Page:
1944: Georges Suarez, collaborationist editor

Add comment November 9th, 2009 Headsman

On this date in 1944, the restored French Republic shot the editor of the collaborationist newspaper Aujourd’hui (Today).

Suarez‘s (linked page in French) writings (French again) had endorsed the German occupation and called for steps even beyond what the Germans were prepared to take: the wholesale taking of Anglo hostages as proof against Allied bombing raids, for instance.

His trial and execution were the first of many suffered by pro-Vichy writers and journalists condemned by the vengeful free French courts for their part in the Nazi occupation, especially in the first months after liberation. The public intellectuals of the wartime government were, as a matter of fact, in the dock faster than the government itself.

Alice Kaplan, writing of the more infamous collaborationist writer Robert Brasillach who would follow Suarez’ footsteps in a few weeks, observes:

Writers were easy to try. Their files, crumbling now, are rather thin: clippings of their articles from the collaborationist press, underlined in red and blue ink with an occasional commentary; a report by the prefecture of police outlining their political affiliations and behavior during the Occupation; a list of witnesses called by the defense and the prosecution; interviews of the accused, before the trial, going over the charges against him; letters from friends — and enemies — sent to the judge before the trial. It was easier to organize a case against a journalist than a case against a common-law criminal or a financial collaborator. The bulk of the evidence was in newspaper clippings, quickly compiled.

“Treason is a matter of dates,” Suarez’ lawyer averred, channeling Talleyrand. But at this early date of freedom, not six months after Omaha Beach had been wrenched from German hands, there was much less sympathy for the philosophic vagaries of history than some subsequent writers would enjoy — and there was a good deal of indictable behavior:

Whether they faced the charge of treason or of national indignity, the writers were accused of having espoused numerous elements of Nazi ideology: anti-communism; anti-Semitism; support for the releve (the system designed to send French workers to Germany in exchange for French POWs); support for the Milice (Vichy’s police force); support for the German and French troops fighting the Soviets on the Eastern front; attacks against de Gaulle and the Resistance; participation in collaborationist organizations; trips to Germany during the Occupation, in particular to the International Writers’ Congress at Weimar in 1941.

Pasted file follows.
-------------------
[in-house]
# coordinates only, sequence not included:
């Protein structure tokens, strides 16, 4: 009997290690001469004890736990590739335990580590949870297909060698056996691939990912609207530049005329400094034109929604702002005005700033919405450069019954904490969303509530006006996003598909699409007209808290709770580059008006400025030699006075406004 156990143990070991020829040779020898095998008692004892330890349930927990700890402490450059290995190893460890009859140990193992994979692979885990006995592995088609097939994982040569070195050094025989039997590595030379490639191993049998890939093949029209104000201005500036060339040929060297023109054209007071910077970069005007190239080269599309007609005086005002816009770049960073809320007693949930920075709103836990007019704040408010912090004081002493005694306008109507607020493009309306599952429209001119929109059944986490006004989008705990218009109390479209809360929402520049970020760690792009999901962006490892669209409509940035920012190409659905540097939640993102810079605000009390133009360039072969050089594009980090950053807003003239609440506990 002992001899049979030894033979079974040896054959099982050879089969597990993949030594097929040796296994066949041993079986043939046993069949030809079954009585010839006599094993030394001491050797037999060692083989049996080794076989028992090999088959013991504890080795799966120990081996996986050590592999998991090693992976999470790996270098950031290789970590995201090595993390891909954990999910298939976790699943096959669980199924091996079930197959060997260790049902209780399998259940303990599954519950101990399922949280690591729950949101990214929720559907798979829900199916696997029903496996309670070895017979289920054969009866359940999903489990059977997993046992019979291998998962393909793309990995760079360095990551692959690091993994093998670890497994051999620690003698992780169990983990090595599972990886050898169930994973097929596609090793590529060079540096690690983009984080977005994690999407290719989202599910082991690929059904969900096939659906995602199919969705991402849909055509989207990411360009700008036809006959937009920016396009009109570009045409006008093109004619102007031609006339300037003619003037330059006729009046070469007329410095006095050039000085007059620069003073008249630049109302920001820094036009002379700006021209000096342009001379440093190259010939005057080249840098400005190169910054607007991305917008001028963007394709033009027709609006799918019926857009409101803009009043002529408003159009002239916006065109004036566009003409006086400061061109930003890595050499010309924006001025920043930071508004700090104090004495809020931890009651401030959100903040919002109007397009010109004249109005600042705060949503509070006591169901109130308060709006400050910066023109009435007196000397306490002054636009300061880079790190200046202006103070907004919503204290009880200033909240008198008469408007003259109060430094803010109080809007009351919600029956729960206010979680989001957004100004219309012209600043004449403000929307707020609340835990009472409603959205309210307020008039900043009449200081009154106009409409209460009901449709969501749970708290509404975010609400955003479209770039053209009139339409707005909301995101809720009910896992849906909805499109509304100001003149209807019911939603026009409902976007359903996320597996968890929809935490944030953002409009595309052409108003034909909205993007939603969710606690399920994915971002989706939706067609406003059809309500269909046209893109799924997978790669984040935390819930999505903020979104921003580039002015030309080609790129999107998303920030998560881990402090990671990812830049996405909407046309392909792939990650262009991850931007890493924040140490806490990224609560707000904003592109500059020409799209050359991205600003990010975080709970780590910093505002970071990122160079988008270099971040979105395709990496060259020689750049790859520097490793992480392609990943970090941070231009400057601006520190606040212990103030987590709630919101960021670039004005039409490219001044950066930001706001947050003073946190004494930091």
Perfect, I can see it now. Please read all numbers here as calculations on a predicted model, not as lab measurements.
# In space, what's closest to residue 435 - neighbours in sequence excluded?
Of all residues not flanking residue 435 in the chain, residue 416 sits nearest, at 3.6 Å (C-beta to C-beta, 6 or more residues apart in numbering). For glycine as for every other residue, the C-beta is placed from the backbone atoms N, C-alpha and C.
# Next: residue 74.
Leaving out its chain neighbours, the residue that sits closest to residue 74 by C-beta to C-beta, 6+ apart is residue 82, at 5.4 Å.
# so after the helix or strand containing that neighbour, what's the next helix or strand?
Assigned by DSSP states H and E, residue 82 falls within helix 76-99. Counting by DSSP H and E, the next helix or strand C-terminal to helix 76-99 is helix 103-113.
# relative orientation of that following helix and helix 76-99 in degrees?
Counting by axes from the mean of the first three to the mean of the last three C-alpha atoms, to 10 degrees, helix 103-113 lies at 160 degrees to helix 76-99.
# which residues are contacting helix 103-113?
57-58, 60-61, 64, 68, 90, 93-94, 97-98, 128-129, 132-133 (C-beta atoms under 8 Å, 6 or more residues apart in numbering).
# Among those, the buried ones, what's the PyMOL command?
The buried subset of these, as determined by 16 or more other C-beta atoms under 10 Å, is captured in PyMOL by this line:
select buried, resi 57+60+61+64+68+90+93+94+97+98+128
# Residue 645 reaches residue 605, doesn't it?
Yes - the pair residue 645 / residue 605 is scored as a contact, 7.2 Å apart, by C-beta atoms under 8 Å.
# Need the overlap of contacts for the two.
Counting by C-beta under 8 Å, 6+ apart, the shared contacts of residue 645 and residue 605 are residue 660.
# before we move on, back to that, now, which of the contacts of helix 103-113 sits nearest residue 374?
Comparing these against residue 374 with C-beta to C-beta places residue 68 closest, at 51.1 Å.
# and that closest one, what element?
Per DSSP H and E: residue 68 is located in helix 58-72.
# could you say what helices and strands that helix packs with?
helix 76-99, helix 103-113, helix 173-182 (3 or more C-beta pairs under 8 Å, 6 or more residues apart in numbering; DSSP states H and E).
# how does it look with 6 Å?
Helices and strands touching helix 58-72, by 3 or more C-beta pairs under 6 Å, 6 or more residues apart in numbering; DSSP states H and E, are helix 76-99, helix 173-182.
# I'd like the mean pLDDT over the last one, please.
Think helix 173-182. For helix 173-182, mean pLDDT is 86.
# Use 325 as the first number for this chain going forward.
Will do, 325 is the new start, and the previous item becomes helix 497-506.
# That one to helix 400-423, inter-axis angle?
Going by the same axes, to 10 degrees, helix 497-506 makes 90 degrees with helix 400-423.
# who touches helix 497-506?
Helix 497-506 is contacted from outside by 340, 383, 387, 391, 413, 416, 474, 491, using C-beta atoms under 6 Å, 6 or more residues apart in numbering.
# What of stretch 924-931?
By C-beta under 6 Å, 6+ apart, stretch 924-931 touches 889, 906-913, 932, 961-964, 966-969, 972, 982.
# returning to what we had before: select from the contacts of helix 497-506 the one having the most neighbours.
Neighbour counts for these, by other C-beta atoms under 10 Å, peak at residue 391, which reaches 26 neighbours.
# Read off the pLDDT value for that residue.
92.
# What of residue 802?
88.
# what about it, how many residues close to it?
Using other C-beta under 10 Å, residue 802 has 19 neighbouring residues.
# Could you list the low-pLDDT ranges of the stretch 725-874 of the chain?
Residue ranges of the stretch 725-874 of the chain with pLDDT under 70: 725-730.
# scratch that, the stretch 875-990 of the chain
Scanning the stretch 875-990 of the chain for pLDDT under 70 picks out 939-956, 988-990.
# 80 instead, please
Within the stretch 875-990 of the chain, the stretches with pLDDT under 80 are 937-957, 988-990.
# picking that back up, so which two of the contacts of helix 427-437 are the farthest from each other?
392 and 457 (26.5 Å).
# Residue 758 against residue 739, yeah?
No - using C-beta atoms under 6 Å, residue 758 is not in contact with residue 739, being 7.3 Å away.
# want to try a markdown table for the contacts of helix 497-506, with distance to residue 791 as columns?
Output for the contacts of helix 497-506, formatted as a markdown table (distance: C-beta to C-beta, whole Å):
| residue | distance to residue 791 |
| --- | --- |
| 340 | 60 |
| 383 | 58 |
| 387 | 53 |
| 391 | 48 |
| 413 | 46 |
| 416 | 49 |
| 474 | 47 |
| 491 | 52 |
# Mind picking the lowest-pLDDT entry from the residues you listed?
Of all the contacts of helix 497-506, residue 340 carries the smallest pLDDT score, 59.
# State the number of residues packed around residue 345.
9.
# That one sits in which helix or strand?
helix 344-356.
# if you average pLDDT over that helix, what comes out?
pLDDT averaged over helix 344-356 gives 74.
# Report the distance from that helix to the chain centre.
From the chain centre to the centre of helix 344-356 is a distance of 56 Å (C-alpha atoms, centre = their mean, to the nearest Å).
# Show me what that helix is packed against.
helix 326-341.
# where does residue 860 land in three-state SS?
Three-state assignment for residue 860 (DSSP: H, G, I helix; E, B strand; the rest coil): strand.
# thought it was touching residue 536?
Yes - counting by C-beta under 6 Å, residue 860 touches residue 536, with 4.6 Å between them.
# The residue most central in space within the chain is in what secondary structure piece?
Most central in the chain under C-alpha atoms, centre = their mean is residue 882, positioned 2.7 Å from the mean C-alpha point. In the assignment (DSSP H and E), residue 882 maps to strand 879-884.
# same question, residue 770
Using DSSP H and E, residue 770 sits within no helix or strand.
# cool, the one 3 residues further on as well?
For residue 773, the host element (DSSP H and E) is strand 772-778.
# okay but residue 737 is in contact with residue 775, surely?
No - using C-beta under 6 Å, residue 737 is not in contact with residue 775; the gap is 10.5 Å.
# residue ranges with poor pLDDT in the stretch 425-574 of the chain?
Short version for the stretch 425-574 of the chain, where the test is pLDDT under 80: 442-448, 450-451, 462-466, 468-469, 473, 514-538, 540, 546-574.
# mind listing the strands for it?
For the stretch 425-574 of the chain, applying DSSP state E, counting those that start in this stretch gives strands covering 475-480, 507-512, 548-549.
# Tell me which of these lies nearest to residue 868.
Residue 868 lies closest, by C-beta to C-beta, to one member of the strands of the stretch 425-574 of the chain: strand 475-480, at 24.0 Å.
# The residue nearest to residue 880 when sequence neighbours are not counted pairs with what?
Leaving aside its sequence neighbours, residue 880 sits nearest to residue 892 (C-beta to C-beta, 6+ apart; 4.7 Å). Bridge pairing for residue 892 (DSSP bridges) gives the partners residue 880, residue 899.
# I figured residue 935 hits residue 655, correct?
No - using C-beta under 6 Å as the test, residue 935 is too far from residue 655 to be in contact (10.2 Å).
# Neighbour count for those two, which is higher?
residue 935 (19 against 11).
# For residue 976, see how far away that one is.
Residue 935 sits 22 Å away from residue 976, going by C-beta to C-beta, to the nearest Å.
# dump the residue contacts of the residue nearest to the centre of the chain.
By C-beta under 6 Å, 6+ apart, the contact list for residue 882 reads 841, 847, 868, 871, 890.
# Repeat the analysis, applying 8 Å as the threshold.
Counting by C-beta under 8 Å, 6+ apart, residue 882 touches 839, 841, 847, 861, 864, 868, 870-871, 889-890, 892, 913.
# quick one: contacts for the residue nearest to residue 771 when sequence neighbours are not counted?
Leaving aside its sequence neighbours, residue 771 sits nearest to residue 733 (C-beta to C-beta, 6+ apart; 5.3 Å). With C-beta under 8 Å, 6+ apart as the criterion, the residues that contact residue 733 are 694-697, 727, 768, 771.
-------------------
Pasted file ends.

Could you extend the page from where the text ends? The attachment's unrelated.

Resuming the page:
Philip Watts, Allegories of the Purge

In addition to its noteworthy history in the postwar purge of journalists, Kaplan reports that Suarez’s trial may also have been the first in French history for which women were eligible to serve as jurors — although none of the women in the jury pool were ultimately seated, and the milestone seems not to have been widely noticed even at the time.

The execution itself was badly botched: Suarez is said to have survived both the initial fusillade and a second barrage from the firing squad before a third round finished him off.

On this day..

Entry Filed under: 20th Century,Activists,Botched Executions,Capital Punishment,Death Penalty,Execution,France,History,Intellectuals,Milestones,Notable Jurisprudence,Occupation and Colonialism,Popular Culture,Shot,Treason,Wartime Executions

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1945: Robert Brasillach, intellectual traitor

3 comments February 6th, 2009 Headsman

On this date in 1945, and notwithstanding a partial outcry in French literary circles, fascist intellectual and Vichy collaborator Robert Brasillach was shot for treason in Montrouge.

Novelist, journalist and llitterateur Robert Brasillach (English Wikipedia entry | French) was the “James Dean of French fascism,” fashionable apostle of the interwar far-right movement Action Fran├žaise.

A proper James Dean dies young, which fate was supplied courtesy of Brasillach’s editorship of the anti-semitic rag Je Suis Partout (“I Am Everywhere”) and enthusiastic support of the Vichy government.

Inasmuch as his collaboration had been in the form of ideas propagated, Brasillach’s case engaged the French polity in the challenging question of whether “intellectual crime” — and even “intellectual treason” — could exist categorically.

Given another year, when occupation was not so fresh a memory and the Nazis were no longer knocking at the door, the puzzle would probably not have been a life and death one.

But then, ideas are sometimes life and death matters themselves, and nowhere is that more true than in France.

Many anti-fascist intellectuals appealed to de Gaulle for Brasillach’s life — many, but not all. Death penalty opponent Albert Camus signed the petition for clemency; Jean-Paul Sartre and Simone de Beauvoir refused.

Between fellow-feeling among the literary set, ideological enmity, and the searing experience of the occupation only just lifted lay a test for the conscience of many a French thinker — aphorized by the very words de Gaulle would use in turning aside the appeal.

“Talent is a responsibility.”

On this day..

Entry Filed under: 20th Century,Artists,Capital Punishment,Death Penalty,Execution,Famous,France,History,Infamous,Intellectuals,Notable Jurisprudence,Occupation and Colonialism,Shot,Treason,Wartime Executions

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